Time will tell if our societies will ever adopt a different view about ideal leadership. Currently dazzling manager personalities rein our imagination when we picture ideal leaders. It is really sad when you consider how many great managers we hear nothing about since they are living in the shadow of the few high roller managers. Great leaders learn to lead themselves first before they attempt to influence people. Solid core values and principles are the foundation to long term success in business and especially life in general. Frequent self-reflection and meditation are part of the journey tackling our egos. When we let our egos win, we all lose. It is so much better to inspire people. It lets us tap into their human potential instead of wasting our energy in trying to control processes and people. Once self-awareness kicks in we can serve others, provide value to society, have empathy for others and pave the way to becoming great managers. Charisma alone is to leaders what a one-hit wonder is to a rock star -?a flash in a pan.
Chandler, S., & Richardson, S. (2008.) 100 ways to motivate others: How great leaders can produce insane results without driving people crazy. Franklin Lakes, NJ: Career Press.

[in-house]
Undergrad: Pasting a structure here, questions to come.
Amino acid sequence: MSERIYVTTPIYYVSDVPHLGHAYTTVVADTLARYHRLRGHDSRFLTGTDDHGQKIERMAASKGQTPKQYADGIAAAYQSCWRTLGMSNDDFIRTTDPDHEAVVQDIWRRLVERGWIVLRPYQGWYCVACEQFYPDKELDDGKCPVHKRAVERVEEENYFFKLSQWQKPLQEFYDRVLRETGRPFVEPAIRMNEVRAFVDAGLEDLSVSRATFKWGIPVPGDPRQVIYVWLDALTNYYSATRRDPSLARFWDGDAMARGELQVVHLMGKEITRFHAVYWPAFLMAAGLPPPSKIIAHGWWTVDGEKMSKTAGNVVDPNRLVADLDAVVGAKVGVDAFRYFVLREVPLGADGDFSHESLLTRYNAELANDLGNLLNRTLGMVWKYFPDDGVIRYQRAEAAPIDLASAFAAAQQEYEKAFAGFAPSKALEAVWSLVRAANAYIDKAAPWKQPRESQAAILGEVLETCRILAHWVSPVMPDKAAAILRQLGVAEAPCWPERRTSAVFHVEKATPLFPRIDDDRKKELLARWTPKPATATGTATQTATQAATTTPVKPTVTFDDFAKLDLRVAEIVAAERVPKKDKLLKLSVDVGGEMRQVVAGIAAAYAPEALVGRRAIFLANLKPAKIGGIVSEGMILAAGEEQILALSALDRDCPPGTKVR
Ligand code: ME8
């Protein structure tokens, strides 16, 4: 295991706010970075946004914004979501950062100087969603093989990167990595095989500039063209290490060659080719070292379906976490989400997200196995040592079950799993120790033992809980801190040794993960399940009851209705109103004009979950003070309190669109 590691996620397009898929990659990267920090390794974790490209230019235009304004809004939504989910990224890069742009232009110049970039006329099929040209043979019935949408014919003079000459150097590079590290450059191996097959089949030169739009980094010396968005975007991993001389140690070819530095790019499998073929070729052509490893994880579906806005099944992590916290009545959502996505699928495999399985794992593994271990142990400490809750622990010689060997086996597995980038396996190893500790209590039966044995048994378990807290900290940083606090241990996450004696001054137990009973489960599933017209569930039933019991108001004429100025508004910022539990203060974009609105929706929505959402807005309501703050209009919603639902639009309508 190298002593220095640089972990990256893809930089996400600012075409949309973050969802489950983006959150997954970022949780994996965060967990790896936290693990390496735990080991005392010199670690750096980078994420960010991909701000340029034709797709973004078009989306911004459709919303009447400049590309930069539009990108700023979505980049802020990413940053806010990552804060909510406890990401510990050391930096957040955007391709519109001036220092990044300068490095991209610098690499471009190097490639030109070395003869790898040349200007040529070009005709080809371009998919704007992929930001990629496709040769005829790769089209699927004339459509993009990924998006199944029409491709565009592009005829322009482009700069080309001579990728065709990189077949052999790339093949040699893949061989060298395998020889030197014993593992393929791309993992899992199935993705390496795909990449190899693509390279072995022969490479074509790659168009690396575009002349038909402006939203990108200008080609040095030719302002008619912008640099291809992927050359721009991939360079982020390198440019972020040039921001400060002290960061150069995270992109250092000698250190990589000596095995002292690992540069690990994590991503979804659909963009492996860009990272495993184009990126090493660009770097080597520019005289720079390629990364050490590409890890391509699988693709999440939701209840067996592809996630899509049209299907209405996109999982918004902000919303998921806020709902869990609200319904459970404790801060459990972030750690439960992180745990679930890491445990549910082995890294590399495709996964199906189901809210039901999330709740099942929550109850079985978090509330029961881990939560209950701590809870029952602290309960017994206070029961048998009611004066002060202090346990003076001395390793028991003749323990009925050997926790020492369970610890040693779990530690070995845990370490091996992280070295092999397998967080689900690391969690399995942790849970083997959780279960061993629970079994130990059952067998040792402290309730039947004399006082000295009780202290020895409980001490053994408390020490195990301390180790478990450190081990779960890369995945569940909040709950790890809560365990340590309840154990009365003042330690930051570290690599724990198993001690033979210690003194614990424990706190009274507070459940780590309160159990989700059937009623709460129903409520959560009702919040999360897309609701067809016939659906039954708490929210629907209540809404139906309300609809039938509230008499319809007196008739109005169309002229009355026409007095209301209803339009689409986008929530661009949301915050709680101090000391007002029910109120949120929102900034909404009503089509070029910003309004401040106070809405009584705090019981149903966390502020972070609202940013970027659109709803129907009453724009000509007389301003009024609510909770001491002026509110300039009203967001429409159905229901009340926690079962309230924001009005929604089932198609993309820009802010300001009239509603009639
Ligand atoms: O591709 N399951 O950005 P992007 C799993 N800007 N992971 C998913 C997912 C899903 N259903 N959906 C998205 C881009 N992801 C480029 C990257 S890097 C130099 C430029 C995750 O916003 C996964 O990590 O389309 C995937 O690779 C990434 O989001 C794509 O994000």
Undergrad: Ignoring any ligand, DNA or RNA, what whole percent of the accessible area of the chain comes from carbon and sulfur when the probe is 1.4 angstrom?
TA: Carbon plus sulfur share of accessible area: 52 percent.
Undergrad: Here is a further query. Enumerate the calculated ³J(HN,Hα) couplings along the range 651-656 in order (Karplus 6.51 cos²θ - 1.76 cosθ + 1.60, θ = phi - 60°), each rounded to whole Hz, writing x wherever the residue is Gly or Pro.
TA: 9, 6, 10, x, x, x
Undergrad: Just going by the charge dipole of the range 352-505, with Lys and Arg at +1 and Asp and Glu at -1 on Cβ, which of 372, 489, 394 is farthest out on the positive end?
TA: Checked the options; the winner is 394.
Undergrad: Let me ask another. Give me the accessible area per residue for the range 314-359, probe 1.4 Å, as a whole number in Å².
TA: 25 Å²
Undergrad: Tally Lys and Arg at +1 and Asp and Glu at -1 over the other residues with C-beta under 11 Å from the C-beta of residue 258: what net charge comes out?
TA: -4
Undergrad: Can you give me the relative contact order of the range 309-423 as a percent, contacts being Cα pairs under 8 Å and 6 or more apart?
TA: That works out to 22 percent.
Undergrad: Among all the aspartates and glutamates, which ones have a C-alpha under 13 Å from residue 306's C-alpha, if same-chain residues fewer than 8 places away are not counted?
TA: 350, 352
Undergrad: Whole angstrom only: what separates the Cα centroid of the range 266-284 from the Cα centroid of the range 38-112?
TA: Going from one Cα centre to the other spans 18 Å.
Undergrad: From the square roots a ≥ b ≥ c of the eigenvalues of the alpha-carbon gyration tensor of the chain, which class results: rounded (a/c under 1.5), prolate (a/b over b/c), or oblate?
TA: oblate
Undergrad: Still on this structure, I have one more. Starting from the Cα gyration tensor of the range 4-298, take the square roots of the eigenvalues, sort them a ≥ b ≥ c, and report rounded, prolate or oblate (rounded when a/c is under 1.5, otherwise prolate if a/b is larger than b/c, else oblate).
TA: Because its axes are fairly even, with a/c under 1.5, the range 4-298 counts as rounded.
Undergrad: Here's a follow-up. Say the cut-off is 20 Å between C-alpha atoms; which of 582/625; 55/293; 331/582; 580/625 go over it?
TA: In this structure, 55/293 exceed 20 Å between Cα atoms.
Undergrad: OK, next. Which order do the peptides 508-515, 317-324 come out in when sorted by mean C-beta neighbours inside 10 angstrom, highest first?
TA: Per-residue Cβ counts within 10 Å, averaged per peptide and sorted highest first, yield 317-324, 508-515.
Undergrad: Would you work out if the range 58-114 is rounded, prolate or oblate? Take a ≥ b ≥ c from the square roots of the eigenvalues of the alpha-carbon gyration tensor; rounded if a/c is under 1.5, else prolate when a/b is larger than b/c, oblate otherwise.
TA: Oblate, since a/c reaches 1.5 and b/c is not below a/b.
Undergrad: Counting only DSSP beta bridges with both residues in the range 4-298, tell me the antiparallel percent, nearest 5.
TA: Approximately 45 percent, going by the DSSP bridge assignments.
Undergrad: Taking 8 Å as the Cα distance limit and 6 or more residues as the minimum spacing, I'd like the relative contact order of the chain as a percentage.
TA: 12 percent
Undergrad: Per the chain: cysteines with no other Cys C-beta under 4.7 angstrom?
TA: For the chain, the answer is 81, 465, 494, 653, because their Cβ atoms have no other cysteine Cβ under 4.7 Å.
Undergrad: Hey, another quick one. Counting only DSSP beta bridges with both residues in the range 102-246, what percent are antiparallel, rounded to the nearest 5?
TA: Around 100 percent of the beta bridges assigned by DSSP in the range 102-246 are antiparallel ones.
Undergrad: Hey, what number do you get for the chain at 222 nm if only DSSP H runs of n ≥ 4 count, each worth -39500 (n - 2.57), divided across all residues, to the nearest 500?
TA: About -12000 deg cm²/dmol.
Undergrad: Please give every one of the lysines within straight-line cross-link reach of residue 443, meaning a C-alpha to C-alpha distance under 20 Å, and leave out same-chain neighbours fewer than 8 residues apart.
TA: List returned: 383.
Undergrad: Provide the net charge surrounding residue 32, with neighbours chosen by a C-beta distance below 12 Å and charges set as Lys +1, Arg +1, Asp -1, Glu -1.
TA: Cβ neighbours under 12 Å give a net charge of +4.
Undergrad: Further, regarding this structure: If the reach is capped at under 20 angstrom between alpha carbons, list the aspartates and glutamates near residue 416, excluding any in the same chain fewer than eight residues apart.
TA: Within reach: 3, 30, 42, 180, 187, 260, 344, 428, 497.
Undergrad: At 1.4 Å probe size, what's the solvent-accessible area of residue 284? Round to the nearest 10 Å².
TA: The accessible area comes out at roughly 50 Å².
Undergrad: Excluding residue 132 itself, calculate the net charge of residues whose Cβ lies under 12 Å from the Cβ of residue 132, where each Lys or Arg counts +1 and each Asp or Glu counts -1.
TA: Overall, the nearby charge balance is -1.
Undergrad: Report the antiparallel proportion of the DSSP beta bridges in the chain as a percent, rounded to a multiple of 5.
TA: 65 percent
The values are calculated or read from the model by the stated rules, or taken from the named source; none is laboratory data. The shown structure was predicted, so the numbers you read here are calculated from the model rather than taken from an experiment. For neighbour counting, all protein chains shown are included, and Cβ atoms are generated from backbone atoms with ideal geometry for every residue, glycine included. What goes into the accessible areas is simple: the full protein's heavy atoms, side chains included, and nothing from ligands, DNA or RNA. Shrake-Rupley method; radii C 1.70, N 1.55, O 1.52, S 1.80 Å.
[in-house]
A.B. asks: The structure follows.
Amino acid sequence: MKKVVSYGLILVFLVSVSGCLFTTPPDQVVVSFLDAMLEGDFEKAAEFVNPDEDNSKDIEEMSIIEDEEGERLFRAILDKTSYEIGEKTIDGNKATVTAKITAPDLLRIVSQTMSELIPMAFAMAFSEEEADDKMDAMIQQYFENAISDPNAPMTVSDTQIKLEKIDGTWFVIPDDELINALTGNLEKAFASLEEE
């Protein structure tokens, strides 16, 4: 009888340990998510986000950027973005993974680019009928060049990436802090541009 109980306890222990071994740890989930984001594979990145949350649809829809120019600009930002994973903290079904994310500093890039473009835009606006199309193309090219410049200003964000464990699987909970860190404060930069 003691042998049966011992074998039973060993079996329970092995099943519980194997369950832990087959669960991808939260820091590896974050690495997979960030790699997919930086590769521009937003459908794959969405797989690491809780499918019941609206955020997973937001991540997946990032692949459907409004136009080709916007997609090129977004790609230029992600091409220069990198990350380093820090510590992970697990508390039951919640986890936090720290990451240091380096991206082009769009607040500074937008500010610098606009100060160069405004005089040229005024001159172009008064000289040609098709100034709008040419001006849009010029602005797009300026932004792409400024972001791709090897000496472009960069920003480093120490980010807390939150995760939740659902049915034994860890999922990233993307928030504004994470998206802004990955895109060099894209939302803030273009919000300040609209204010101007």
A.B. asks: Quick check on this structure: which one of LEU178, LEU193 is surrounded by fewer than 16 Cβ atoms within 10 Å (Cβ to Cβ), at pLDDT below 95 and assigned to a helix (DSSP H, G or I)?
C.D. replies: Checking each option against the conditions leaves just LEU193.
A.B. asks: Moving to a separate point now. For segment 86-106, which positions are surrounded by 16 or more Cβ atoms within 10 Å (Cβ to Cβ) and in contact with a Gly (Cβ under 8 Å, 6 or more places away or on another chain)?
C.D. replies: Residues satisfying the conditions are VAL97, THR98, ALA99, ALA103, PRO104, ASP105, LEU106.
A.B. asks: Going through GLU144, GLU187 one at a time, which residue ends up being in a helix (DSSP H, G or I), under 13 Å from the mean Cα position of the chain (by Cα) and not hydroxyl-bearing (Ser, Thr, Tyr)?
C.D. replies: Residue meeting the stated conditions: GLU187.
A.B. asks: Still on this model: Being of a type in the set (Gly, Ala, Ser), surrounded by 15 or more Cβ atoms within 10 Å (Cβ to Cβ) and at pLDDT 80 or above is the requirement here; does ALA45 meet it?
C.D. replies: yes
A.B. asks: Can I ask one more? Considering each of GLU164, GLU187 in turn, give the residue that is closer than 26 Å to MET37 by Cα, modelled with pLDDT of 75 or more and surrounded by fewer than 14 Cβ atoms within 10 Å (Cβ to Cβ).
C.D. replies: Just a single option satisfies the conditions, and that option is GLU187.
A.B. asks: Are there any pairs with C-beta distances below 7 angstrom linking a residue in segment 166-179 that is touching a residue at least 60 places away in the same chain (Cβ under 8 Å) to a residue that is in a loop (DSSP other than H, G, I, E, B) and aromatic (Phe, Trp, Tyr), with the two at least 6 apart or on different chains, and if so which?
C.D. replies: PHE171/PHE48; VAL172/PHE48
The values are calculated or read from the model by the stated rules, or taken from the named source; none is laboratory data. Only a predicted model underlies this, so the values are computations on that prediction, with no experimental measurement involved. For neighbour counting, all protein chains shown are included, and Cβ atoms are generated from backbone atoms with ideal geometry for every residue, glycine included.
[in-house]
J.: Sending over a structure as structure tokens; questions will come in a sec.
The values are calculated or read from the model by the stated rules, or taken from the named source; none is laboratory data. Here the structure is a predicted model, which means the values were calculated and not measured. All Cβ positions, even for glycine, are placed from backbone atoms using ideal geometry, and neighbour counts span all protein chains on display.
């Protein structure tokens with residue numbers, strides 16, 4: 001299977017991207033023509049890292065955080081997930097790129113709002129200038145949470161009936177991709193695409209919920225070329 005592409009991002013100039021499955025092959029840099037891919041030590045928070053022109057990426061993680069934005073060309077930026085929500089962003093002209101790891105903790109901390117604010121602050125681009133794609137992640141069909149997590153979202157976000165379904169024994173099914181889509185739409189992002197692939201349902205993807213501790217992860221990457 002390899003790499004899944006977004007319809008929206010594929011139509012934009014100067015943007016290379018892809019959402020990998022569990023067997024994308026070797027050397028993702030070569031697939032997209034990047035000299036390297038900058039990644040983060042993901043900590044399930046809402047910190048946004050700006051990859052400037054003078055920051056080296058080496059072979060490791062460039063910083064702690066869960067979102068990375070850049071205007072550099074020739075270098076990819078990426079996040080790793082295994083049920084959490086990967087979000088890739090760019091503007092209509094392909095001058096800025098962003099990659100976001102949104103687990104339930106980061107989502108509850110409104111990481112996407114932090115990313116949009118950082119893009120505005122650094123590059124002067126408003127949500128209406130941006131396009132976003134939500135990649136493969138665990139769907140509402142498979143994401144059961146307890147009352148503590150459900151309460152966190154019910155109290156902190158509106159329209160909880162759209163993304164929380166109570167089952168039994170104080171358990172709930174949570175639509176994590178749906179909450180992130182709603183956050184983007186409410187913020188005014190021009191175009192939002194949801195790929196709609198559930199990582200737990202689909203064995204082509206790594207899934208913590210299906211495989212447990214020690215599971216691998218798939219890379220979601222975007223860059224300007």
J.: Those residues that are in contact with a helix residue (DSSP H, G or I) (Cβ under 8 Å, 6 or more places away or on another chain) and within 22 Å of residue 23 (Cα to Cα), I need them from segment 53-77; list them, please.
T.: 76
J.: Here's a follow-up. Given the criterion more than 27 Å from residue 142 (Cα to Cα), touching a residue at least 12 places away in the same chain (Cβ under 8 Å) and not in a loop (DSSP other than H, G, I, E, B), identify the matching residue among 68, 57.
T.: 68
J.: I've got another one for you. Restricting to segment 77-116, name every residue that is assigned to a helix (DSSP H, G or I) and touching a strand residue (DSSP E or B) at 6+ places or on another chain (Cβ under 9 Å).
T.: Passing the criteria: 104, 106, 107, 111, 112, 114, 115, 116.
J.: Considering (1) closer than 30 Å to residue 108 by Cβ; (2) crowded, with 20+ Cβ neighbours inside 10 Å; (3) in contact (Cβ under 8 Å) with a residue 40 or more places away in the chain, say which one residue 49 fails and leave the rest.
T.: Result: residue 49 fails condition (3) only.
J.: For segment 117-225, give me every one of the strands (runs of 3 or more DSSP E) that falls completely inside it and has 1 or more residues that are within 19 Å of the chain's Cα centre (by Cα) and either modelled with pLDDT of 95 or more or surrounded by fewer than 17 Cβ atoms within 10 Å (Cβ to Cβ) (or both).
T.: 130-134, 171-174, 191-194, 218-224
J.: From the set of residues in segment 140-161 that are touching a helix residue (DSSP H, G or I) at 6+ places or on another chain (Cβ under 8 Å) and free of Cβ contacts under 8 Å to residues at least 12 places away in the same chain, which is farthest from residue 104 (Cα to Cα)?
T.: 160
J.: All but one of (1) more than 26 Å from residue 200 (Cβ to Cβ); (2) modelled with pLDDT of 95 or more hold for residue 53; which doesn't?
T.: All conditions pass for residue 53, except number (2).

Collins, J. (2001.) Good to great: Why some companies make the leap … and others don’t. New York, NY: HarperCollins.
Gates, B. (2008.) How to fix capitalism. Time. 172. 40.
Gitomer, J. (2006.) Little black book of connections: 6.5 assets for networking your way to rich relationships. Austin, TX: Bard Press.
Maxwell, J. (1998.) The 21 irrefutable laws of leadership: Follow them and people will follow you. Nashville, TN: Nelson Business.
Maxwell, J. (2005.) The 360-degree leader: Developing your influence from anywhere in the organization. Nashville, TN: Nelson Business.
Quittner, J. (2008.) Facebook: movement or business? Time. Retrieved 08/09/2008 from http://www.time.com/time/business/article/0,8599,1826081,00.html
Tolle, E. (2006.) A new earth – Awakening to your life’s purpose. New York, NY: Plume.